The focus of the complaint was that Apple’s iPod does not support the Windows Media Audio (WMA) format and charges the company with deliberately designing its iPod hardware to be incompatible with WMA. The complaint states that “Apple has engaged in tying and monopolizing behavior, placing unneeded and unjustifiable technological restrictions on its most popular products in an effort to restrict consumer choice, and to restrain what little remains of its competition in the digital music markets,” the complaint states. “Apple’s CEO Steve Jobs had himself compared Apple’s digital music dominance to Microsoft (NSDQ: MSFT)’s personal computer operating system dominance, calling Apple’s Music Store ‘the Microsoft of music stores’ in a meeting with financial analysts.”

January 4, 2008 Posted by | Antitrust | 1 Comment

Lime Wire’s Antitrust Charges Against RIAA Dismissed

The Federal courts seem to be inclined to side RIAA (Recording Industry Association of America) when it comes to p2p file sharing networks. Yesterday U.S. District Judge Gerard E. Lynch in New York ruled that Lime Group LLC failed to make its case that it has been harmed by the recording companies (RIAA’s) business practices and he granted the recording companies motion to dismiss the claims. Read here.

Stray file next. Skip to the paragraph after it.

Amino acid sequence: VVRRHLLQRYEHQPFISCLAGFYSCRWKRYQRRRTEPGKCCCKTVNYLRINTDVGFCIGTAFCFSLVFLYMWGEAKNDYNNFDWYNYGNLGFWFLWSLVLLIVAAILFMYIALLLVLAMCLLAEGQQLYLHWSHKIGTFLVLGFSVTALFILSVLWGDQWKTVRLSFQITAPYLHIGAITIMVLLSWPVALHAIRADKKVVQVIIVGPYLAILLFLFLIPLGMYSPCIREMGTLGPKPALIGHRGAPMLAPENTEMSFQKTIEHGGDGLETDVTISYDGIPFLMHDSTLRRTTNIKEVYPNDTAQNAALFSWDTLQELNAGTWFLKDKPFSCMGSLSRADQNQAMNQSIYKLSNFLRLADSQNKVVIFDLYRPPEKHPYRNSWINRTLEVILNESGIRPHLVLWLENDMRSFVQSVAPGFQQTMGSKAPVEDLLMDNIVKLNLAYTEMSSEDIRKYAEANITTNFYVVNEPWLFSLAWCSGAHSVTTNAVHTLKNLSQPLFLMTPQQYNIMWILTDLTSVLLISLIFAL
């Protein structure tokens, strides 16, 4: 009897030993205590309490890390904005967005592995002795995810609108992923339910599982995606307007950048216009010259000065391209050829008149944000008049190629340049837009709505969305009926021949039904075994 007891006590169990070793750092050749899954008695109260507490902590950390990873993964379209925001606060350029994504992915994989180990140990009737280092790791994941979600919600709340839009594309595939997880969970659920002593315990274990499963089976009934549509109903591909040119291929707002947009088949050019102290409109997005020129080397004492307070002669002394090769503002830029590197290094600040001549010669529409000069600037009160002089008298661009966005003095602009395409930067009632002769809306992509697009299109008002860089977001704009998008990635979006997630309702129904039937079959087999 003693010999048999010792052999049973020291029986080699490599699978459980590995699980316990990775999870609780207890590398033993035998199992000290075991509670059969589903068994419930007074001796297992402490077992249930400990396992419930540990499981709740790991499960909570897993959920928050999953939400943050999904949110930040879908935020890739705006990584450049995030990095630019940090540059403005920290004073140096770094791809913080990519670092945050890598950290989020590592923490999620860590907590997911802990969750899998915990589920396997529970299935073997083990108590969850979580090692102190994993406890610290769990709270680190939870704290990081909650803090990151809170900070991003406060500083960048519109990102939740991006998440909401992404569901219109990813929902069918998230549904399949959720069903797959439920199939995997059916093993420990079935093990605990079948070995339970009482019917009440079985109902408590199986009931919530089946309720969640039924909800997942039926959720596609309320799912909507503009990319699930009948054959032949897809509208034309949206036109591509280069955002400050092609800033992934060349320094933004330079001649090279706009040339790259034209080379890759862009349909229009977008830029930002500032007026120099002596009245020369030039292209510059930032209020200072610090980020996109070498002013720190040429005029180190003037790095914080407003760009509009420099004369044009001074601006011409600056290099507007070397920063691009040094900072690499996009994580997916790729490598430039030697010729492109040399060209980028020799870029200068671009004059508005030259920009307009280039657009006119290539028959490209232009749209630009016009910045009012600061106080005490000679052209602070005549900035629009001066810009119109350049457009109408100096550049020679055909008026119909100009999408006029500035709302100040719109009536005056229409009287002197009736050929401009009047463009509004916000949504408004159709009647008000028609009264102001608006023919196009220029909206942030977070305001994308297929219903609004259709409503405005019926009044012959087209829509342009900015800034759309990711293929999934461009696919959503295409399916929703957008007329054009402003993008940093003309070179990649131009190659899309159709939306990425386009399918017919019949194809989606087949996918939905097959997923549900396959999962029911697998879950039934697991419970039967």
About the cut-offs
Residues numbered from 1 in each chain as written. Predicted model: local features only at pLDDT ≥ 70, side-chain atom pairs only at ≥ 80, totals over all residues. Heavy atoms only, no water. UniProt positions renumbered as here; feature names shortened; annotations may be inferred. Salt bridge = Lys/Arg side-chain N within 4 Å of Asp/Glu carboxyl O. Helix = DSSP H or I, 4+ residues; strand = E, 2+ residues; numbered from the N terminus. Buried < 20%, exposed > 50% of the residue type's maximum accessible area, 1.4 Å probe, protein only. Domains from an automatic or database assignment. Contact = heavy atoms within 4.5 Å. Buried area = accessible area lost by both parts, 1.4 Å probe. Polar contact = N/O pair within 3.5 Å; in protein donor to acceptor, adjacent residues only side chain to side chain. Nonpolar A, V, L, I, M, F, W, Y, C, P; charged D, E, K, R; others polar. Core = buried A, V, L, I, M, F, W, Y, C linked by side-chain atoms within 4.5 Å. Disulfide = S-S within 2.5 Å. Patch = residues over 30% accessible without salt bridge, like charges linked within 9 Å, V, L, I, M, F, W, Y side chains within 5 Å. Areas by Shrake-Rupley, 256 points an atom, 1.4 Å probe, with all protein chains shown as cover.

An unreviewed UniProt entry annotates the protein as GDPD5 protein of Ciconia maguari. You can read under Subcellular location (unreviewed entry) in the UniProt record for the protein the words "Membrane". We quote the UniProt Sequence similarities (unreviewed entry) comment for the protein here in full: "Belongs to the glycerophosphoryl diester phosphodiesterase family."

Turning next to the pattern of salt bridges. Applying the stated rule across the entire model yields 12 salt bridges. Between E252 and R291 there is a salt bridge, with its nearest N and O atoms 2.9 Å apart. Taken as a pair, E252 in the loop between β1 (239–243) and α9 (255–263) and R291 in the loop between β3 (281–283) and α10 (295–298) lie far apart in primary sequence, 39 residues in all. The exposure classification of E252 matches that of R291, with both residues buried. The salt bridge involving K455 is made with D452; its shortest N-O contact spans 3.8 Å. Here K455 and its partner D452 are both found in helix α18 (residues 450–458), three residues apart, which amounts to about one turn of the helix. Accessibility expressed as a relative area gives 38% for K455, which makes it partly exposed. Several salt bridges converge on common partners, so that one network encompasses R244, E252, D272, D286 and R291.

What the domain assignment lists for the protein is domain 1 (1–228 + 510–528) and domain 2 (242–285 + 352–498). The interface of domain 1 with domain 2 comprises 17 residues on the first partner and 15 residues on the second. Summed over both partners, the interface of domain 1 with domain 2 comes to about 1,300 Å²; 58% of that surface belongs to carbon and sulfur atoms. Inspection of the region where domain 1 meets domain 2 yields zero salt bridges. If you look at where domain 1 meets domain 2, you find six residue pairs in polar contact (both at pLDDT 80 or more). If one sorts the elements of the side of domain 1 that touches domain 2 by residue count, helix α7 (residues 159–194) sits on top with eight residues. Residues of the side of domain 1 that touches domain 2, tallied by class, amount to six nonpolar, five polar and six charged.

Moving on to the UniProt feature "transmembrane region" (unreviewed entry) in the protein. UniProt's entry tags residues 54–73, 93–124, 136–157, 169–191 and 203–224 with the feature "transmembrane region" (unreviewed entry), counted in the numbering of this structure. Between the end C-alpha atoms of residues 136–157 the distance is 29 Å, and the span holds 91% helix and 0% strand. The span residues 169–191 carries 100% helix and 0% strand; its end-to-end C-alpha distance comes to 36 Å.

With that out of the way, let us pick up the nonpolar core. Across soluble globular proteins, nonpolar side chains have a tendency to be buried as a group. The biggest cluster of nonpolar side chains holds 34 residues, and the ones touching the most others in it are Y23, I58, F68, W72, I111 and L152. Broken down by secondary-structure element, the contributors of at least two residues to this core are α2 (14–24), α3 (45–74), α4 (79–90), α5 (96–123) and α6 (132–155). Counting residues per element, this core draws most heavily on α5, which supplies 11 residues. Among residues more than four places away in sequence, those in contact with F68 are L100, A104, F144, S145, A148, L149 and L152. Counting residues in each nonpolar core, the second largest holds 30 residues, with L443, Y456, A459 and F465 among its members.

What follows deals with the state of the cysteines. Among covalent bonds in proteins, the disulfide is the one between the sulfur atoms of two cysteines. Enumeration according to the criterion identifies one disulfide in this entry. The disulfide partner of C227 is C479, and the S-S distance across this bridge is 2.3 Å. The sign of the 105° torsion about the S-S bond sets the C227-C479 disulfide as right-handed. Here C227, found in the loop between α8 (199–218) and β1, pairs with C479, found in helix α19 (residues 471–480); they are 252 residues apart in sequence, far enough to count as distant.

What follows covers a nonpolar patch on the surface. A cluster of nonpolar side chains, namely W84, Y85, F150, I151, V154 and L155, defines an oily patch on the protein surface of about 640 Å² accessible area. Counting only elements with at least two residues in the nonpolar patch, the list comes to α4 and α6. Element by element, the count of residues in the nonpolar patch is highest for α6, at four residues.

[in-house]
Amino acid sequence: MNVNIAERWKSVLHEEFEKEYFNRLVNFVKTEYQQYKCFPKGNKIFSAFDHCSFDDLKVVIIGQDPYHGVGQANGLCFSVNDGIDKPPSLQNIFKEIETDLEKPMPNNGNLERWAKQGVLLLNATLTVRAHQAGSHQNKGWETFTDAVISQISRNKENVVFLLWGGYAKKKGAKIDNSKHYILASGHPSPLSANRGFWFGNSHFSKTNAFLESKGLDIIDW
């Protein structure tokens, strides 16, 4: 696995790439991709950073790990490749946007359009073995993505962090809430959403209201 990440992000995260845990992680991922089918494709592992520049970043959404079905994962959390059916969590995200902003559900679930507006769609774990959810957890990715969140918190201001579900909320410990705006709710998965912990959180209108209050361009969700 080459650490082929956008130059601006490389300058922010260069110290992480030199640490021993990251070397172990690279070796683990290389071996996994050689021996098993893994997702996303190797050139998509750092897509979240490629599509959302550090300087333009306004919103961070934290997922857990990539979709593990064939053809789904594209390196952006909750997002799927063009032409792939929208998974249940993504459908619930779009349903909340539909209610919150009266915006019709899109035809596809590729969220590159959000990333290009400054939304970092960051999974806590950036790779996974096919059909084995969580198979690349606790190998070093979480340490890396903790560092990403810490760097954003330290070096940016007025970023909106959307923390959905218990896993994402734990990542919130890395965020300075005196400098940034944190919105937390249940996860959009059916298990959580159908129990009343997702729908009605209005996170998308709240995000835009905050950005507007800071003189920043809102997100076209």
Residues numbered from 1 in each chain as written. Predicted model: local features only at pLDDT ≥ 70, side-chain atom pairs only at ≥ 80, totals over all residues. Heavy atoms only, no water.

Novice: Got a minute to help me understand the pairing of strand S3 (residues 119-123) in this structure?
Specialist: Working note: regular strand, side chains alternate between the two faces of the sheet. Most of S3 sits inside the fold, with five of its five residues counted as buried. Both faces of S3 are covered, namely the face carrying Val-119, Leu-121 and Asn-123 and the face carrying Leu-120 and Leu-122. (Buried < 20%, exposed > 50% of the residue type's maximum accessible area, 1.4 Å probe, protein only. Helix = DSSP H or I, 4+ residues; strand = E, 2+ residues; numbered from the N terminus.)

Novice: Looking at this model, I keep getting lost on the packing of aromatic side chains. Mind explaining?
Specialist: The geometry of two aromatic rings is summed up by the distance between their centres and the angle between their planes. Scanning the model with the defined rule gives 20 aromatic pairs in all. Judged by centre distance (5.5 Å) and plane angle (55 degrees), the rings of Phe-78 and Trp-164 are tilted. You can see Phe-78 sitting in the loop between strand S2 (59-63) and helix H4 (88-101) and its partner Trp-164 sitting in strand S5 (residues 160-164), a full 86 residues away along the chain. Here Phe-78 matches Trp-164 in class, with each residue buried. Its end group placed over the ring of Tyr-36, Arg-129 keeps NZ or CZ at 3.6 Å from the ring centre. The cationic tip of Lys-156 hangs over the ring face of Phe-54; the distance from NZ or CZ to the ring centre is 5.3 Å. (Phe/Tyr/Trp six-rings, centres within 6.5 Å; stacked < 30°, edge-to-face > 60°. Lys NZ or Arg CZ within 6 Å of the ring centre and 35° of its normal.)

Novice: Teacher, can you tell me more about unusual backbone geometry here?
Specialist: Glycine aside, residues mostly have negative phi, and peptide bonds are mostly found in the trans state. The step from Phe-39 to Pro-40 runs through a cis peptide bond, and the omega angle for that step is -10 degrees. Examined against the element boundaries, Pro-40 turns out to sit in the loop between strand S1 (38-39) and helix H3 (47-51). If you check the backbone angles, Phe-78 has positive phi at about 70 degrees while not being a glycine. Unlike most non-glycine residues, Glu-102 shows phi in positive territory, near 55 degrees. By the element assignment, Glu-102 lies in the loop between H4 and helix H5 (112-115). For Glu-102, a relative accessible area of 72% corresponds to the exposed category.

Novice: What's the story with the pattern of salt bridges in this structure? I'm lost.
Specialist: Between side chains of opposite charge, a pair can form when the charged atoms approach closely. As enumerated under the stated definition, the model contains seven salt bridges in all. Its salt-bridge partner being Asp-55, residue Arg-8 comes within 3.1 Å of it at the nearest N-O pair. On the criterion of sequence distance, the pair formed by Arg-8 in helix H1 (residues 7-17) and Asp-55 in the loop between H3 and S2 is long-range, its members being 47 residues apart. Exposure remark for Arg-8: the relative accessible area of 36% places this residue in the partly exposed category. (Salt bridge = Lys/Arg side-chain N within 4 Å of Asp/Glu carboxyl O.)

The background of this case is that RIAA brought a lawsuit against Lime Wire which is a file sharing applications provider in August 2006 for copyright infringement over songs distributed over the Internet without permission and claimed that this mode of sharing music was an illegal business model. Lime Wire’s defense is that they were not “actively inducing” copyright even if their software product was used for it and Lime Wire in turn filed an antitrust law suit against the recording companies stating that RIAA was trying to illegally compete with Lime Wire and other file sharing systems.